Losing a teammate and friend to the NHL

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Every year, without fail, since I have been playing pro hockey, at least one teammate had been traded at the NHL deadline. This year was no exception.

In San Antonio on the road. A road trip that everyone was looking forward to, just to get away from the snow and cold in Chicago.
The team flew in on Tuesday, which also happened to be the same day as the NHL trade deadline. The guys are always interested in transactions in the NHL because they have such a direct impact on out team's line-up.
Every year, without fail, since I have been playing pro hockey, at least one teammate had been traded at the deadline. This year was no exception. We had a light practice before
heading to the airport for our flight to San Antonio. The flight was delayed, and we all were sitting around in our suits listening to the trade talks over the
internet. Next thing you know, Alex Giroux gets a phone call telling him he was just traded back to the Washington Capitals, who he had been signed with the
year before.
It's as simple as that, all ready to go on the trip, and the next thing you know, you aren't on the team anymore. Even though everyone knows the business side of hockey it is always tough to lose a teammate. Alex is a great player, and a great guy around the locker room, so it hard to see him leave. Everyone said goodbye, wished him luck and boarded the plane, minus one teammate.
In return for Alex, our team picked up another forward, Joe Motzko. And we
knew with the AHL trade deadline coming on Thursday, our team would definitely have a new look come the weekend.
Despite the shake-up, we had a great game on Wednesday, winning 5-1. The only negative was allowing a goal with 34 seconds left in the game to lose the shootout. I think everyone felt bad we didn't help Pavelec get another shutout after he had
played so well.
With three games in three night coming up this weekend, we had a day off today in San
Antonio. Since we don't get many days off, I tried to catch up on some sleep, finally getting up to catch breakfast with my 'road roomate' Brian Sipotz. It was nice to spend the morning relaxing, reading the paper, and walking down the 'Riverwalk' in downtown San Antonio, enjoying the weather. The only thing I have to worry about is where to go to dinner. Hopefully somewhere with good lasagna, my favorite pre-gameday meal.

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Yes it is rough when the team trades players and this year is no exception. There was alot more movement on the Wolves last year at this time. Alex was a good player and I was surprised with the trade. Hopefully he will do well back in Hershey.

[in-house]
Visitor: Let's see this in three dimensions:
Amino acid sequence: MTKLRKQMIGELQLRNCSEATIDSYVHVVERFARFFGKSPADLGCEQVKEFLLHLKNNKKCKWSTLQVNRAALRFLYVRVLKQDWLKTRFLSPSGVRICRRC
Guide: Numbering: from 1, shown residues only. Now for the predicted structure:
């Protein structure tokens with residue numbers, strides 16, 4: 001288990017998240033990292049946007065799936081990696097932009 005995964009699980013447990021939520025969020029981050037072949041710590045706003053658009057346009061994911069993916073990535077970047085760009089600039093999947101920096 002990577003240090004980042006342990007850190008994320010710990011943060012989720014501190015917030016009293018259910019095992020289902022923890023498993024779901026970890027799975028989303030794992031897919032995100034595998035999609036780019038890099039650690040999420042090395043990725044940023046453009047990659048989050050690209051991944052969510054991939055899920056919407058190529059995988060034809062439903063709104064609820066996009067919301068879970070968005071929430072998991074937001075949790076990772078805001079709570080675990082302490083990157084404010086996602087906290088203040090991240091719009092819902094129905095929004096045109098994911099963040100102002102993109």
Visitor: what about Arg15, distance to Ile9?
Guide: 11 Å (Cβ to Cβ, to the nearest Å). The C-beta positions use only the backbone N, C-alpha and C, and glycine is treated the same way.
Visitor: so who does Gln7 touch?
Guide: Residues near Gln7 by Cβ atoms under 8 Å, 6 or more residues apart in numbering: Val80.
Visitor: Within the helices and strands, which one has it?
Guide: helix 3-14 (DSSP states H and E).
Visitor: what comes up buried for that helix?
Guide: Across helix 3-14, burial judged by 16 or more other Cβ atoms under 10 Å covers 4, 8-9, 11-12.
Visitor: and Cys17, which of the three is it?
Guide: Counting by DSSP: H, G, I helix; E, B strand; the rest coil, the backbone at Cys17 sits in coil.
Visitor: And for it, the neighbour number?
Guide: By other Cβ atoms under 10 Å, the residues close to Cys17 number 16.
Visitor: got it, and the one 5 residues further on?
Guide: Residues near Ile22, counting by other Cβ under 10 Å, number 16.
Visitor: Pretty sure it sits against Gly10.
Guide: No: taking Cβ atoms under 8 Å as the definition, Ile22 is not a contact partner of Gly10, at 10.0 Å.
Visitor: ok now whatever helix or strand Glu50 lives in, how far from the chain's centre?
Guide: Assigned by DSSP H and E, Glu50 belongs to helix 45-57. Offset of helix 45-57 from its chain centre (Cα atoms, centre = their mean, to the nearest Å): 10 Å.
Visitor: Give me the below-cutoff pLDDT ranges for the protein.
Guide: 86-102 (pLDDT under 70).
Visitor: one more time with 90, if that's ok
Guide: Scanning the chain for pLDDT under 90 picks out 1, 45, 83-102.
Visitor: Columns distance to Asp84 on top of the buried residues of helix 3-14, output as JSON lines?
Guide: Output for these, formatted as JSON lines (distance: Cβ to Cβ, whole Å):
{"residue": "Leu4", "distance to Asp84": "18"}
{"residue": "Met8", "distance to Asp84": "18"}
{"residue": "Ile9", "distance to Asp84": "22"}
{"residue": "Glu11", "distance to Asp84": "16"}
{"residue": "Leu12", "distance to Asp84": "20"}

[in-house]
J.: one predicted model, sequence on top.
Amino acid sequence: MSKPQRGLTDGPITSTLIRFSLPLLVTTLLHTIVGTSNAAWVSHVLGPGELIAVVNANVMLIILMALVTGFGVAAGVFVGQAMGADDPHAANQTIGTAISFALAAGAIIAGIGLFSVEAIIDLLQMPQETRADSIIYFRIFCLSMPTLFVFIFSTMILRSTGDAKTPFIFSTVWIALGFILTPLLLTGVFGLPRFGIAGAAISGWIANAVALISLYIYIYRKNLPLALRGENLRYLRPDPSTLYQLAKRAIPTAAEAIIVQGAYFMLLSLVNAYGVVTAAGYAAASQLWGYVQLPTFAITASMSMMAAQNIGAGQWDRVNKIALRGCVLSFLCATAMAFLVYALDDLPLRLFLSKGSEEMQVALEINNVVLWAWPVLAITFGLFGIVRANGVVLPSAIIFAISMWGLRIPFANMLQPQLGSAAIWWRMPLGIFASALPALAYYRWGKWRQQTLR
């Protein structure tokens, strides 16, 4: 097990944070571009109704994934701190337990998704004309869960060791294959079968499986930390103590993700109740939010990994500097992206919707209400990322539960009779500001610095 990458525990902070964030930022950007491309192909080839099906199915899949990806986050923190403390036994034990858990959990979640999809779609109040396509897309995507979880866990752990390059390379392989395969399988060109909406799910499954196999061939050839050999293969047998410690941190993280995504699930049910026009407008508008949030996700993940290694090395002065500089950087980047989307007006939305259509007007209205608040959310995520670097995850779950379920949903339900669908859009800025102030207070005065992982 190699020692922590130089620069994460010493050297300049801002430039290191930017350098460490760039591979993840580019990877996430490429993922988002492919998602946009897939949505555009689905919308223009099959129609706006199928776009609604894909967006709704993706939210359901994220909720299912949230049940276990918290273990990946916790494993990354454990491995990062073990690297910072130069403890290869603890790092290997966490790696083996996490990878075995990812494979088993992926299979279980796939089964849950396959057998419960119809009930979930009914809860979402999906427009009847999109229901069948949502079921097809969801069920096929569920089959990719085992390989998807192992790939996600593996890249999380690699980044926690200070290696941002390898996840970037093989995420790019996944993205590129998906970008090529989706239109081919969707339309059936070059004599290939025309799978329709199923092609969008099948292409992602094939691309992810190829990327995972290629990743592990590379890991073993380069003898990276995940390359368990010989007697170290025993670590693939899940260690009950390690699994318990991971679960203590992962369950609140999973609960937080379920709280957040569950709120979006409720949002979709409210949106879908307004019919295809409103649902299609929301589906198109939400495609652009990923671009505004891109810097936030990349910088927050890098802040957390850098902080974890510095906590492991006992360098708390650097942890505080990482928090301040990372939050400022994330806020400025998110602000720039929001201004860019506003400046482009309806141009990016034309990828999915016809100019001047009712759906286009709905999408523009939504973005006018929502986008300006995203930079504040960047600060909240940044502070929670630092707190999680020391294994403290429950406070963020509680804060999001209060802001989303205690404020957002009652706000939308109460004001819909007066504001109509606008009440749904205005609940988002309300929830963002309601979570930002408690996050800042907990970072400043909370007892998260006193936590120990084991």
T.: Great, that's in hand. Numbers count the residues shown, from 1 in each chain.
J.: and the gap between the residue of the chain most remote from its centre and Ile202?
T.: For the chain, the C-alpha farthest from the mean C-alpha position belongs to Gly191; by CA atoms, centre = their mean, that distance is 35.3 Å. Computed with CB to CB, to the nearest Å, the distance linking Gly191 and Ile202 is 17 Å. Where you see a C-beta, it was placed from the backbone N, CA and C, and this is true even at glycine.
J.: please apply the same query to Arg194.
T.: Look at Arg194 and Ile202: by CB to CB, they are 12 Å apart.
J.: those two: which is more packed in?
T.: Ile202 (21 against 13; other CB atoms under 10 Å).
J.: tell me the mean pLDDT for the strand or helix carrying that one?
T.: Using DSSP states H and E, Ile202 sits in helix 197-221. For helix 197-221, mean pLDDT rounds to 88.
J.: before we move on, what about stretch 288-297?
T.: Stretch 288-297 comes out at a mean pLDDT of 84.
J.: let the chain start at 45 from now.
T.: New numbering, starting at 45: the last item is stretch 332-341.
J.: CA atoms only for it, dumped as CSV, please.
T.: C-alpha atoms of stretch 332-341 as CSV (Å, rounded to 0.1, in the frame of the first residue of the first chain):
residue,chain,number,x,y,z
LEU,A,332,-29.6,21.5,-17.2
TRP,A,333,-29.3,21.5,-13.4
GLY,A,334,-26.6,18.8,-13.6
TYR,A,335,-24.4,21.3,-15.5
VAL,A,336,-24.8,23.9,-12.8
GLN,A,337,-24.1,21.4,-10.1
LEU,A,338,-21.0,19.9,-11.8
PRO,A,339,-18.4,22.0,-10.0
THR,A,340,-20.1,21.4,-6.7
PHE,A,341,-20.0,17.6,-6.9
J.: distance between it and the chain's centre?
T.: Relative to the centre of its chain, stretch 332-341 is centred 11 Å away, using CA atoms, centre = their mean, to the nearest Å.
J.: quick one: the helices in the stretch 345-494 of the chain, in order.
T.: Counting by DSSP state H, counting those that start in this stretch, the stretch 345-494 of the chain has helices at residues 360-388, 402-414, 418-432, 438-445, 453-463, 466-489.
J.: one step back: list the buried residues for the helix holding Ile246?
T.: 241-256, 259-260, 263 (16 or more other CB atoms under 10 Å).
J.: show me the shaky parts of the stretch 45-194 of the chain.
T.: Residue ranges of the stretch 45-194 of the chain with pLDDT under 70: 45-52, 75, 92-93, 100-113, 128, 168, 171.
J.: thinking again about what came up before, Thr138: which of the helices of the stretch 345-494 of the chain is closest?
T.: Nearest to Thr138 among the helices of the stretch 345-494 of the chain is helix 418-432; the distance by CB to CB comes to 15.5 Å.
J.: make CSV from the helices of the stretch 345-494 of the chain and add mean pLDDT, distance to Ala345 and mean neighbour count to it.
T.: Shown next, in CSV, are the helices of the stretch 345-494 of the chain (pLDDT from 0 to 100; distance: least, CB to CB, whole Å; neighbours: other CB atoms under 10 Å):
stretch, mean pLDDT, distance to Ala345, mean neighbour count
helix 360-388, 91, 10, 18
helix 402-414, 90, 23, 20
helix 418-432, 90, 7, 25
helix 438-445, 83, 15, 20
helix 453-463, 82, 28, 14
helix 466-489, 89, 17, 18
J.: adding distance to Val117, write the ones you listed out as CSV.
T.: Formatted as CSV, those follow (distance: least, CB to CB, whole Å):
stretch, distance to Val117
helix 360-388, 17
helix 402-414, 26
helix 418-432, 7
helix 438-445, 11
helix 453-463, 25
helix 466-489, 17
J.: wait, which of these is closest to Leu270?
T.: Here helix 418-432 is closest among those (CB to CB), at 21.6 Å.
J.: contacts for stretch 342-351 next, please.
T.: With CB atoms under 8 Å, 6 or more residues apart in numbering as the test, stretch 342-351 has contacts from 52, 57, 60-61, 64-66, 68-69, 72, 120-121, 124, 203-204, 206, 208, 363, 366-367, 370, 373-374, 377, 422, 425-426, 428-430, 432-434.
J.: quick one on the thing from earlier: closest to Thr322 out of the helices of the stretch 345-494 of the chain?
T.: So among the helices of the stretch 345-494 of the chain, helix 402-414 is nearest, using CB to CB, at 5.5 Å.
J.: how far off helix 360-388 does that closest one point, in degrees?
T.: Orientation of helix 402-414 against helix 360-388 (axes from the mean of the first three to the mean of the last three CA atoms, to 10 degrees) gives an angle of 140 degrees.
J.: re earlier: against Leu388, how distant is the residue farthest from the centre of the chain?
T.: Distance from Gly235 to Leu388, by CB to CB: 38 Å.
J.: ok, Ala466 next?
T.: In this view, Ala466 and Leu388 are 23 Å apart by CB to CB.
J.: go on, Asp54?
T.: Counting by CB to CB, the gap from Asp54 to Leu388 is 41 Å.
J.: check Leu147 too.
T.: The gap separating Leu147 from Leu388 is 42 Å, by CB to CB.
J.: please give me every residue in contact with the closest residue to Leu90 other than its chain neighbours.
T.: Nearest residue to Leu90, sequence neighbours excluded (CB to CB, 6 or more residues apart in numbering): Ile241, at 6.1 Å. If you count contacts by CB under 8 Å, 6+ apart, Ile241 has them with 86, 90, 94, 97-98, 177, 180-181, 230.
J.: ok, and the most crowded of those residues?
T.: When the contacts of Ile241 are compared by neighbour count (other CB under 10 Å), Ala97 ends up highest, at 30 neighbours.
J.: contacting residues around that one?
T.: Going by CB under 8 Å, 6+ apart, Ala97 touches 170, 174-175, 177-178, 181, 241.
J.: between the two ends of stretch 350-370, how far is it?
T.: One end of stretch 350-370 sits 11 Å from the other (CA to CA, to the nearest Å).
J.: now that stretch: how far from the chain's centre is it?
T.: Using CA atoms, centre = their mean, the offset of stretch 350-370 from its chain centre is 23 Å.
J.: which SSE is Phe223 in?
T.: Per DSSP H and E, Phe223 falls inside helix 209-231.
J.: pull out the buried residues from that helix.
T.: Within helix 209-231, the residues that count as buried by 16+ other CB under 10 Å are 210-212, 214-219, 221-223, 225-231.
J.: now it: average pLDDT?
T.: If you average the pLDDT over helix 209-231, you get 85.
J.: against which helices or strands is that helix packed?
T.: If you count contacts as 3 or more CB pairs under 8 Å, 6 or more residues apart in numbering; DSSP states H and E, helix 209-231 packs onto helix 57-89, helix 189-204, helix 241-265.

In the case of Fretter getting traded, sometimes a trade may give a player more ice time with the new team. He didn't get to play much this year for the Wolves and I heard he was very good in Gwinnet last year.
I assume it is also rough when a player gets called up by the parent team, but doesn't get to play, and is sent down the very next day. Why do parent clubs call players up and send them back down so quickly especially when they are not called up due to injured players?
Enjoy your time in San Antonio because you'll be coming back to cold and snow Saturday.

Brian responds: From past experience with teams I have been on, whether guys are being pulled up to the NHL or called up to the AHL team like Chicago, a lot of times they are insurance. If one of our guys might not be able to play in an upcoming game, they will have a call up
just in case they need to fill that particular spot.
In other cases, especially with NHL, they will pull up younger players at points during the season just to see what kid of impact the can have on the NHL game, and to gauge their development. Players in the AHL get called up all the time if they are playing well and maybe happen to have a hot hand at the time, the parent club might call them up to see if they can create a spark for their team. And lastly, players will get called up depending on trade rumors, if a certain team is planning on making a move, they might pull a player up so that they will not be short a player in case a trade occurs. This is why you see a lot of movement around the NHL trade deadline. This is what seemed to happen this year with Atlanta and the Hossa trade, a few Wolves got called up and played in Montreal before coming back the next day.

Won't be as cold as you think.

Rain Sunday.

I really hate it when a player gets called up or traded. It is really hard on me because they are like family. Giroux and Fretter were awesome people and I don't like the fact that they got traded, especially to teams that the Wolves don't play unless we play them in the playoffs.

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About the blogger

Chicago Wolves defenseman Grant Lewis is playing in his second professional season. The 23-year-old blueliner is a native of Pittsburgh and was a member of Chicago's 2008 Calder Cup Championship team. Prior to going pro, the Atlanta Thrashers' second choice, 20th overall, in the 2004 NHL Entry Draft spent four years playing for Dartmouth College (ECAC).

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This page contains a single entry by published on February 28, 2008 3:13 PM.

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